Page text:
The Association of Teachers and Lecturers has said that some teachers' professional integrity is being undermined because of pressure to get good exam results for their school.
It claims that some members of staff have been forced to 'rewrite students work' and 'manipulate results'.
A survey of ATL members revealed a THIRD felt their integrity was being compromised by demands made on them.
The union polled 512 of its members who worked in state schools, and found that staff were under increasing pressure to get their students through their exams.
A third said they had helped their students prepare for tests by having meetings with them to discuss 'exam themes', while a quarter of teachers felt obliged to attend exam board seminars in order to help their pupils get ahead.
The BBC reports one primary school teacher as saying: "I have been forced to manipulate results so that levels of progress stay up, as our head fears [there will be] an Ofsted inspection should our results waver. I work in an infant school."
Another at an English secondary school said: "The school I work at definitely pushes the boundaries of exam integrity. Maintaining their "gold-plated" status by far takes precedence over developing the abilities of the pupils."
A teacher in a grammar school in Northern Ireland, claimed to 'virtually' rewrite students work to match the marking criteria.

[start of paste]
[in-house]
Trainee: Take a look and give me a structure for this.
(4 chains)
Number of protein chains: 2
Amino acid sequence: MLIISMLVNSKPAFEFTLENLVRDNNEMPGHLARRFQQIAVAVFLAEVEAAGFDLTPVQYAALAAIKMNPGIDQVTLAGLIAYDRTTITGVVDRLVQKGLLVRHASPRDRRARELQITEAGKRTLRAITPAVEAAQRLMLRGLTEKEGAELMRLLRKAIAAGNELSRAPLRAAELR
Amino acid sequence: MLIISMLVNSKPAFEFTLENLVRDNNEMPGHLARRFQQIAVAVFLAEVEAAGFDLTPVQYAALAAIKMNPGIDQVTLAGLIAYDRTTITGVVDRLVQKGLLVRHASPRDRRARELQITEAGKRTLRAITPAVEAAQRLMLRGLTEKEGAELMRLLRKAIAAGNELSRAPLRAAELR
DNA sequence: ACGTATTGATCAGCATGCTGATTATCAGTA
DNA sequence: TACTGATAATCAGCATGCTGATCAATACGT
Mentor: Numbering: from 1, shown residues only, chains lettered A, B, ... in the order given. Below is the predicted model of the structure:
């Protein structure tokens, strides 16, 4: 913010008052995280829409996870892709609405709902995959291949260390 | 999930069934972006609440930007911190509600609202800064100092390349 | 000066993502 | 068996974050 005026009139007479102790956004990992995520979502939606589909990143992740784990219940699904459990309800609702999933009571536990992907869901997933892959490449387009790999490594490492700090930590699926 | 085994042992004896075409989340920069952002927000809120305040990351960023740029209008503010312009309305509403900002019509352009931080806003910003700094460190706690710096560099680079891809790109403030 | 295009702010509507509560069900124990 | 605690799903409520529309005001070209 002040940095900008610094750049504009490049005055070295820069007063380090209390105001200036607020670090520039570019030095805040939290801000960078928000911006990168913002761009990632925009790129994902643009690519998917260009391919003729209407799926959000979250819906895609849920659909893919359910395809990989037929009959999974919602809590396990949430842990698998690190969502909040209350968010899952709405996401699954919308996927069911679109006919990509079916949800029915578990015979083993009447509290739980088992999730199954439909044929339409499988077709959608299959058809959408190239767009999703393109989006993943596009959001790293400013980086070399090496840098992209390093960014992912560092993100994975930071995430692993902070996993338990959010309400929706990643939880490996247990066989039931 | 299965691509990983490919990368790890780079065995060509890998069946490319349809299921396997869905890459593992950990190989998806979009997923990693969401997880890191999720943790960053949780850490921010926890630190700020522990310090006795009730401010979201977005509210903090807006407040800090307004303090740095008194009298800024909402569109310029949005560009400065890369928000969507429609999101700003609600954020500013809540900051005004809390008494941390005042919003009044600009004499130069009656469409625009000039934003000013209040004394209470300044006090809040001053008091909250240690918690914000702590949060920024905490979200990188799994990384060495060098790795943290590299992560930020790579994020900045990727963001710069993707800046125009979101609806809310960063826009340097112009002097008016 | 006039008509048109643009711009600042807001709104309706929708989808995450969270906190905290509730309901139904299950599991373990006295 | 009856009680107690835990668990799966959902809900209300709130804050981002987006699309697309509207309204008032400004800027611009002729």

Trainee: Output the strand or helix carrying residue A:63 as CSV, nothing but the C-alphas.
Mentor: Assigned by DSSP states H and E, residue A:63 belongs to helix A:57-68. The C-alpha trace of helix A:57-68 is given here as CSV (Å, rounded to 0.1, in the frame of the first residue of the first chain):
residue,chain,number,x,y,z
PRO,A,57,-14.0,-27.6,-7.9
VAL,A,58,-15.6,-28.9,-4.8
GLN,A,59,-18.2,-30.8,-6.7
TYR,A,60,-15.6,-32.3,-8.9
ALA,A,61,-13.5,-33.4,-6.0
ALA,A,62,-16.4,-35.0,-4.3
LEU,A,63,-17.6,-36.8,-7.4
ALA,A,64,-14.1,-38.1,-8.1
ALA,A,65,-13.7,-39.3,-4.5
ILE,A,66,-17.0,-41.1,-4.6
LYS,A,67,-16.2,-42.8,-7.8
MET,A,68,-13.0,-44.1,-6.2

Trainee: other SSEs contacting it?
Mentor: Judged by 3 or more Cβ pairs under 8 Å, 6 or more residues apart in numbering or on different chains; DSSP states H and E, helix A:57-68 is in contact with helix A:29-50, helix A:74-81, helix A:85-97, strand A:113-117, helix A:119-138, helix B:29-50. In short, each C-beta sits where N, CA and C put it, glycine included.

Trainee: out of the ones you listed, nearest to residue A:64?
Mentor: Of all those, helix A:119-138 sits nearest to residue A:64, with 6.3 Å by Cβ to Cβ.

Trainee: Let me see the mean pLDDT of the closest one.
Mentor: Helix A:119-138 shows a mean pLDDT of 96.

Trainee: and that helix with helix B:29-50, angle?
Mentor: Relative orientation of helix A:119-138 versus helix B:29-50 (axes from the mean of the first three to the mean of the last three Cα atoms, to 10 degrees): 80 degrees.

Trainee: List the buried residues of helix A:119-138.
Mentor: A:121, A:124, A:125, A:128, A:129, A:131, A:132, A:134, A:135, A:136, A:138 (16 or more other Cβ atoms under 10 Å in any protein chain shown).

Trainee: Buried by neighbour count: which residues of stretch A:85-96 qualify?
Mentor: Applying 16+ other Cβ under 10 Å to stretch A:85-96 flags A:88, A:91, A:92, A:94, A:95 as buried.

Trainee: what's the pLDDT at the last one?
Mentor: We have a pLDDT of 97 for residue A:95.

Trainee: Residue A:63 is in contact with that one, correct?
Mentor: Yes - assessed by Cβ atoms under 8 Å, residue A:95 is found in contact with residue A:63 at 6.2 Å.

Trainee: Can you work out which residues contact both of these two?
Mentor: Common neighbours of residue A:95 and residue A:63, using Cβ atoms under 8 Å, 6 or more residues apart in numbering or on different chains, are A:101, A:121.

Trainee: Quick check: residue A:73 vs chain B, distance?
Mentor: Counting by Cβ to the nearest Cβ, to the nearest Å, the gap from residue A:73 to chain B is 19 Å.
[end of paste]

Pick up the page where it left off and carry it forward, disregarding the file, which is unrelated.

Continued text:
The head of the ATL Dr Mary Bousted said that good results seemed to be more valued than actual learning
But a Department for Education spokesman said there is absolutely no excuse for teachers cheating, saying: "Parents will be absolutely outraged to hear anyone admit they've manipulated test scores. It undermines other staff, damages children's education and risks destroying the public's faith in the profession."
What do you think? Would you be outraged if your child's work was rewritten by their teacher? Or can you appreciate the pressure that staff are under?
More:Advice And Health
Suggested For You
Get top stories and blog posts emailed to me each day. Newsletters may offer personalized content or advertisements. Learn more